She was relieved the child was okay.

Alcohol-based sanitizer increasingly used as a spirit

About 10 years ago, around SARS, a public health friend in Toronto said that hospitals were having trouble keeping sanitizer units filled in public wards and emergency rooms. Seemed that people with an alcohol dependency and little cash were stealing and drinking it. Around the same time I was told a similar story about stuff missing from a farmer’s hygiene tool storage area: When the temporary labor left the farm, so did the sanitizer. skin-eating-bacteria-infection-MRSA-hand-sanitizer-hospital-RM-DO-NOT-REUSE-298x232

Last year Alberta health folks changed their policies around providing hand sanitizer following the death of a man in an RCMP cell who was suspected of ingesting some, along with anti-depressants, while at a hospital.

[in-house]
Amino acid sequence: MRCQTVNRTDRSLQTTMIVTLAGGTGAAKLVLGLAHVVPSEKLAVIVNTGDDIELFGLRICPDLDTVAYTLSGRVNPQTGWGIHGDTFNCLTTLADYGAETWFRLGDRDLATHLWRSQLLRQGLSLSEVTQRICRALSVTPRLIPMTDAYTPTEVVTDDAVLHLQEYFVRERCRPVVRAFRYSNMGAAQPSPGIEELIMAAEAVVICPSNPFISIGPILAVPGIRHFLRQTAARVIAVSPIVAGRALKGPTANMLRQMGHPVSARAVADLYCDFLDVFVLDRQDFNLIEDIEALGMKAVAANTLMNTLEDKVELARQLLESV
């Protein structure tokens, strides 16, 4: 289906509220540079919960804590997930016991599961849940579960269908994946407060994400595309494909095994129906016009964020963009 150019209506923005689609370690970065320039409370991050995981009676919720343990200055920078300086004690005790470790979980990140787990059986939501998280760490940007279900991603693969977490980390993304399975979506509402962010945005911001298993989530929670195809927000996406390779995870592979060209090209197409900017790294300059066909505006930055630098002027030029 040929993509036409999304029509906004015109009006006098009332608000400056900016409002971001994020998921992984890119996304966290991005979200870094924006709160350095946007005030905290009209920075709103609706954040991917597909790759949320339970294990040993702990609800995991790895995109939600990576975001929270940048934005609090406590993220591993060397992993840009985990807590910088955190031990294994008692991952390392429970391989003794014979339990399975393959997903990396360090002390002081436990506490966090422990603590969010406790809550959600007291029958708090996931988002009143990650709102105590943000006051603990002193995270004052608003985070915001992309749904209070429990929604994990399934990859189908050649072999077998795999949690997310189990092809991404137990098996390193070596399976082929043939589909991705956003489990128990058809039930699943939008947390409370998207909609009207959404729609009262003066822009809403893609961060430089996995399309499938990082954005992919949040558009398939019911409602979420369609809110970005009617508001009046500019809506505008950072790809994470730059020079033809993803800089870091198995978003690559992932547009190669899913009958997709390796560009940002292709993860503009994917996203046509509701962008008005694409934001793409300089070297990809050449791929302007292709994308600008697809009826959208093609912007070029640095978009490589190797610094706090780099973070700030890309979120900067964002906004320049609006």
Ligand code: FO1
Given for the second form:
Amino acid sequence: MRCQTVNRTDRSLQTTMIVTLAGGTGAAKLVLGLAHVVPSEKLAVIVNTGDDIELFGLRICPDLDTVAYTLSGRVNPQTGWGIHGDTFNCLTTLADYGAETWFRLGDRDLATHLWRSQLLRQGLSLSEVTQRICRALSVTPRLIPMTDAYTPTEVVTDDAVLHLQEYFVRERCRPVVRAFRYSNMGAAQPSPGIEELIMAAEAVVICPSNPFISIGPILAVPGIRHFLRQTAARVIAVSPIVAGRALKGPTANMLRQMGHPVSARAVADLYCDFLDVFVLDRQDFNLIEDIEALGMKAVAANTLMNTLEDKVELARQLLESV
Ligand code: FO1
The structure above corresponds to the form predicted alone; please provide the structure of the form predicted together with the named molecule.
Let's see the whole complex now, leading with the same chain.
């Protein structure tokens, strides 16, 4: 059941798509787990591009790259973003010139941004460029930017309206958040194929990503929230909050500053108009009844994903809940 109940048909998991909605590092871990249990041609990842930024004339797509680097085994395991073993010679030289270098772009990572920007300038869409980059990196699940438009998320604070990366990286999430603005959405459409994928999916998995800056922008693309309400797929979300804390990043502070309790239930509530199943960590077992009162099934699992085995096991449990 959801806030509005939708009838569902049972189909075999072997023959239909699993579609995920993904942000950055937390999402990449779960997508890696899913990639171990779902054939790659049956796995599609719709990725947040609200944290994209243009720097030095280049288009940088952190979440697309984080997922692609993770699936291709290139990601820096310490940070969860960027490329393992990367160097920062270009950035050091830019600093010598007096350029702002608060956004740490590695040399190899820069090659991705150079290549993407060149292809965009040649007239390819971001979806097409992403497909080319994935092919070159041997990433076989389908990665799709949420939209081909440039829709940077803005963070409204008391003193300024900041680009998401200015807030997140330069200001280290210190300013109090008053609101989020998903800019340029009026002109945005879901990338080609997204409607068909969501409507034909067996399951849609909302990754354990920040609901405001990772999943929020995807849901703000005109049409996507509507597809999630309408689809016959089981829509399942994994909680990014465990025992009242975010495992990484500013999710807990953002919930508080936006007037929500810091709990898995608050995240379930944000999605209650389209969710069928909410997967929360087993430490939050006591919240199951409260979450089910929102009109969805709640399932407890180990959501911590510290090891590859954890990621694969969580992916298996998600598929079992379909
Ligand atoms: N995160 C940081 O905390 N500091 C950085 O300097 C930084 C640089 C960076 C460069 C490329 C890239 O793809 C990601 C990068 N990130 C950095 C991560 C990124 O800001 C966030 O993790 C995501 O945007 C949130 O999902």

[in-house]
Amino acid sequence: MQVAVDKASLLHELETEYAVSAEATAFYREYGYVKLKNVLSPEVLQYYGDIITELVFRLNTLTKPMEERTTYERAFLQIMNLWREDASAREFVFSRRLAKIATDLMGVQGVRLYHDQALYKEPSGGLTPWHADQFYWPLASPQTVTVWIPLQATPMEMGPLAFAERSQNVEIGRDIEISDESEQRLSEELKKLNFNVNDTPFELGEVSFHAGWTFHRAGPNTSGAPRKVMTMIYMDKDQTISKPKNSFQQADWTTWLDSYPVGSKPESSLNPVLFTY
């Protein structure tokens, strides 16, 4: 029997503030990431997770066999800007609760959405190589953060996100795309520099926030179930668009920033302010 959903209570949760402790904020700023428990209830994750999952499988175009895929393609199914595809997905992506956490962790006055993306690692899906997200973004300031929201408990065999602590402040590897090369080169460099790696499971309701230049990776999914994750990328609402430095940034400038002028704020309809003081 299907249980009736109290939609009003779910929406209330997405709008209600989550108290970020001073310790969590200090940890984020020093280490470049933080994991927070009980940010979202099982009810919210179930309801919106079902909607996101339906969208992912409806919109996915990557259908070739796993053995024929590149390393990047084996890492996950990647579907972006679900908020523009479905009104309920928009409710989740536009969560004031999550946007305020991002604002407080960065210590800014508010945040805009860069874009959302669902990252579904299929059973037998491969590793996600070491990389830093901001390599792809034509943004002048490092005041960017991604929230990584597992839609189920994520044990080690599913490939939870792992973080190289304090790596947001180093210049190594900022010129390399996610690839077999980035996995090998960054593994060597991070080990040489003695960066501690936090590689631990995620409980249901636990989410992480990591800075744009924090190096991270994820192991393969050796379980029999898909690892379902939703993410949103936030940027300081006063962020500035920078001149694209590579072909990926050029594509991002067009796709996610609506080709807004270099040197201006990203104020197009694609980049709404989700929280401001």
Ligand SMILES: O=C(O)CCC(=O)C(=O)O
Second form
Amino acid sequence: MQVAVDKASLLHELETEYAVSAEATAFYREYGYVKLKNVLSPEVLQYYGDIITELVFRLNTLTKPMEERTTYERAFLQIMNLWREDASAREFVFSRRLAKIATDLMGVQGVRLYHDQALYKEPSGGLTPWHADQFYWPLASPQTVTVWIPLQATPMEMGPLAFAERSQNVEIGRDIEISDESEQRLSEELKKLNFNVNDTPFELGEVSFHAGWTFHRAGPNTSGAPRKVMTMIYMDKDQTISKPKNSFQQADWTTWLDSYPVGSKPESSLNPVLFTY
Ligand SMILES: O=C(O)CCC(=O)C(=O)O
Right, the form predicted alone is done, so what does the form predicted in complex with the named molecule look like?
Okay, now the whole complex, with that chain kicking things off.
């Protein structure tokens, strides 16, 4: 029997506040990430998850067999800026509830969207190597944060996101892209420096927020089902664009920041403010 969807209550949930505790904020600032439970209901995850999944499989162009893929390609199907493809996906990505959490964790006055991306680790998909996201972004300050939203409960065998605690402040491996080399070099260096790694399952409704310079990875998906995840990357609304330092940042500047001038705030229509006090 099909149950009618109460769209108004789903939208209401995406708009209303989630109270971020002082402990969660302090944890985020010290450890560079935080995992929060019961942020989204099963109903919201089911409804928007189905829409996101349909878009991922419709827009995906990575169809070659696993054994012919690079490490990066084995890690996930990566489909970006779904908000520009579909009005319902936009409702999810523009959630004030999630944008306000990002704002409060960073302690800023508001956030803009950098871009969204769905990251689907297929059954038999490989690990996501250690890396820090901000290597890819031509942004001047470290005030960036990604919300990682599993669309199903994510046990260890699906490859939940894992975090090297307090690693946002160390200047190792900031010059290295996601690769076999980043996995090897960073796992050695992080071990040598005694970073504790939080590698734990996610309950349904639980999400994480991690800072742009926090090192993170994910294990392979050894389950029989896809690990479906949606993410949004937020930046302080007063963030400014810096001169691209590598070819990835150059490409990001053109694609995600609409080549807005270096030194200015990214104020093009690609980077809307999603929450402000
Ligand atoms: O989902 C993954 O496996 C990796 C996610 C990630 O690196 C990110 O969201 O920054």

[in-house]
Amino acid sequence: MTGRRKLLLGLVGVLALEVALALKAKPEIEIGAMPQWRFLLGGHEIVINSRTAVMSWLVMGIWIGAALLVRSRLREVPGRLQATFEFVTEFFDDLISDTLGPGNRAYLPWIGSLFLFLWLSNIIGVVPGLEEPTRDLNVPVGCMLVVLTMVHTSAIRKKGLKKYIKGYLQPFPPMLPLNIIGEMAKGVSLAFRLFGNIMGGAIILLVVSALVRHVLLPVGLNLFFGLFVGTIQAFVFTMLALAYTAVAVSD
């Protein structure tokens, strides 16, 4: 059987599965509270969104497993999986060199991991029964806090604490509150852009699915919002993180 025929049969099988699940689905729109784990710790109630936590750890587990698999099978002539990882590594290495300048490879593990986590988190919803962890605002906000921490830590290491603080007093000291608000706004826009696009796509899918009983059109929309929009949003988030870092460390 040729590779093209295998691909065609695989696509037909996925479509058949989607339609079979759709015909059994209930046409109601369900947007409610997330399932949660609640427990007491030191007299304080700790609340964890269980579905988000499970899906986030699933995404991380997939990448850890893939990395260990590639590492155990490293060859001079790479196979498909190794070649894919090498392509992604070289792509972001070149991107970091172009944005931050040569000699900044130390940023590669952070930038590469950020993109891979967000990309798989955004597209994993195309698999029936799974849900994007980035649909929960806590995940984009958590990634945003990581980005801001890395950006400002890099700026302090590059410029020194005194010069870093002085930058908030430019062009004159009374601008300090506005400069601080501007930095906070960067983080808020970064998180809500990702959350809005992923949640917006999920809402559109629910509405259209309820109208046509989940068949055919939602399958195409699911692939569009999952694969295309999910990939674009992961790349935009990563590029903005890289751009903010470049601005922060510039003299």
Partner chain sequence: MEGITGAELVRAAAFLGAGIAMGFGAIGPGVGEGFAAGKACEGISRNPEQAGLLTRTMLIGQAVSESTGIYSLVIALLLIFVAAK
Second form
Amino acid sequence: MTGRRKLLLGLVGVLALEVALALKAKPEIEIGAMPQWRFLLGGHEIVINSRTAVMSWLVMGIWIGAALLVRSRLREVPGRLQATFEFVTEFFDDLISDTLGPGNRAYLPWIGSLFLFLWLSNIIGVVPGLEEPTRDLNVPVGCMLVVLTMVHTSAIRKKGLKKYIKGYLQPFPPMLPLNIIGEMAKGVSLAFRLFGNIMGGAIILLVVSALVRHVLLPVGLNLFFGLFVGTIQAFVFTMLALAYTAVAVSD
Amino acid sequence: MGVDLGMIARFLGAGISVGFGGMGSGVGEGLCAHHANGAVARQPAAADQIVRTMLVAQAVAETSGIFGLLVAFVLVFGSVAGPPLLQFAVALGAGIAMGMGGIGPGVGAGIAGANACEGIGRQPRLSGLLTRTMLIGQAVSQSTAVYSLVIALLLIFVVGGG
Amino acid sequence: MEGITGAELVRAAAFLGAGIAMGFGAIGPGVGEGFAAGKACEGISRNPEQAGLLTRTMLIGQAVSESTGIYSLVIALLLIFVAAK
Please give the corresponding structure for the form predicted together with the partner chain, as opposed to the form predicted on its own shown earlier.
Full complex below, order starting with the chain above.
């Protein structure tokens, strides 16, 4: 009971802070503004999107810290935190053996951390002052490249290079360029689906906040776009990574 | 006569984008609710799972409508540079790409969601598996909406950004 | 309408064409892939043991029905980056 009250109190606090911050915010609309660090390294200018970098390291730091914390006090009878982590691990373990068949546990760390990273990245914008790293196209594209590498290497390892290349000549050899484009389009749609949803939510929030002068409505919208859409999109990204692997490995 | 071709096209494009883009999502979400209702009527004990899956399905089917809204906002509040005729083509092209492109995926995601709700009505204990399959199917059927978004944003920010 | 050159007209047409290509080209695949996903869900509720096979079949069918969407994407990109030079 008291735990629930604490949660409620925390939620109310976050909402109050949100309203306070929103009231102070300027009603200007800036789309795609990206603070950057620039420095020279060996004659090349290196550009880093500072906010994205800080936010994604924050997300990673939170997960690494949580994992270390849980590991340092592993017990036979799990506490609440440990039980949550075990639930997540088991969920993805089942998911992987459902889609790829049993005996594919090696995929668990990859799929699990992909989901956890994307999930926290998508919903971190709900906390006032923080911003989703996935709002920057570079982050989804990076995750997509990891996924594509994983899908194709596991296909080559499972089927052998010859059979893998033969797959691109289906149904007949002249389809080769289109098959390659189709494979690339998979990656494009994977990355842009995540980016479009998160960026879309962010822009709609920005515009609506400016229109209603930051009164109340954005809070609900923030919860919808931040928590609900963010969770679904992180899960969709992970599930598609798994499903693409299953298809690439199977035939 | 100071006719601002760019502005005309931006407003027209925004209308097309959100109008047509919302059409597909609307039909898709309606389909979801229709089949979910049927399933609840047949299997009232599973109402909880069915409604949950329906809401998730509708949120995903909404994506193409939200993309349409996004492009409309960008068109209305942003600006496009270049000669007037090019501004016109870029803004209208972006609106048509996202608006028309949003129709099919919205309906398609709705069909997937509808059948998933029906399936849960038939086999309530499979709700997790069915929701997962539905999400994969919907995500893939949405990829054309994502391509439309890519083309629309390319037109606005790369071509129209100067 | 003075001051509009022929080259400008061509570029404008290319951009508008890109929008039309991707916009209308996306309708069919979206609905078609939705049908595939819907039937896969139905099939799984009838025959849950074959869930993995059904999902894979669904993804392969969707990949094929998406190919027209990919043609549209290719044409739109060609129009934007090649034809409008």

According to Perez Hilton, a Pennsylvania man copped to being a repeat acquirer of large amounts of free sanitizer for drinks.

A man in Pennsylvania has admitted to stealing 12 bottles of hand sanitizer from the UPMC Hospital in Altoona.

The man, 51-year-old Lee Ammerman, was caught because an employee saw him stealing a bottle in October when he tried to hide it in an arm sling AND then recognized him doing it again in December!

BUT, get this, when confronted by cops about stealing the sanitizer, Lee didn’t even deny it!

In fact, he confessed to what he was actually using it for! (why so many exclamation marks? -ben)

He said: “I mix the liquid with orange juice.”

With the increase in publicly-available alcohol-based sanitizer comes the unintended consequence of being a target for theft.

Norovirus outbreak hits Corcordia College; alcohol-based sanitizers and wipes won’t do to much

According to, a likely outbreak of norovirus has made at least 30 students of Corcodia College ill.

It was first reported on the 800-student campus Friday. Within a couple of days, 30 students contracted the virus and four wound up in Lawrence Hospital Center in Bronxville.

Katherine Chiciaza, 18, was in the school library Saturday morning when she became nauseous.
“I had to come back to the dorm and throw up in the bathroom,” she said. “I felt like that the whole day.”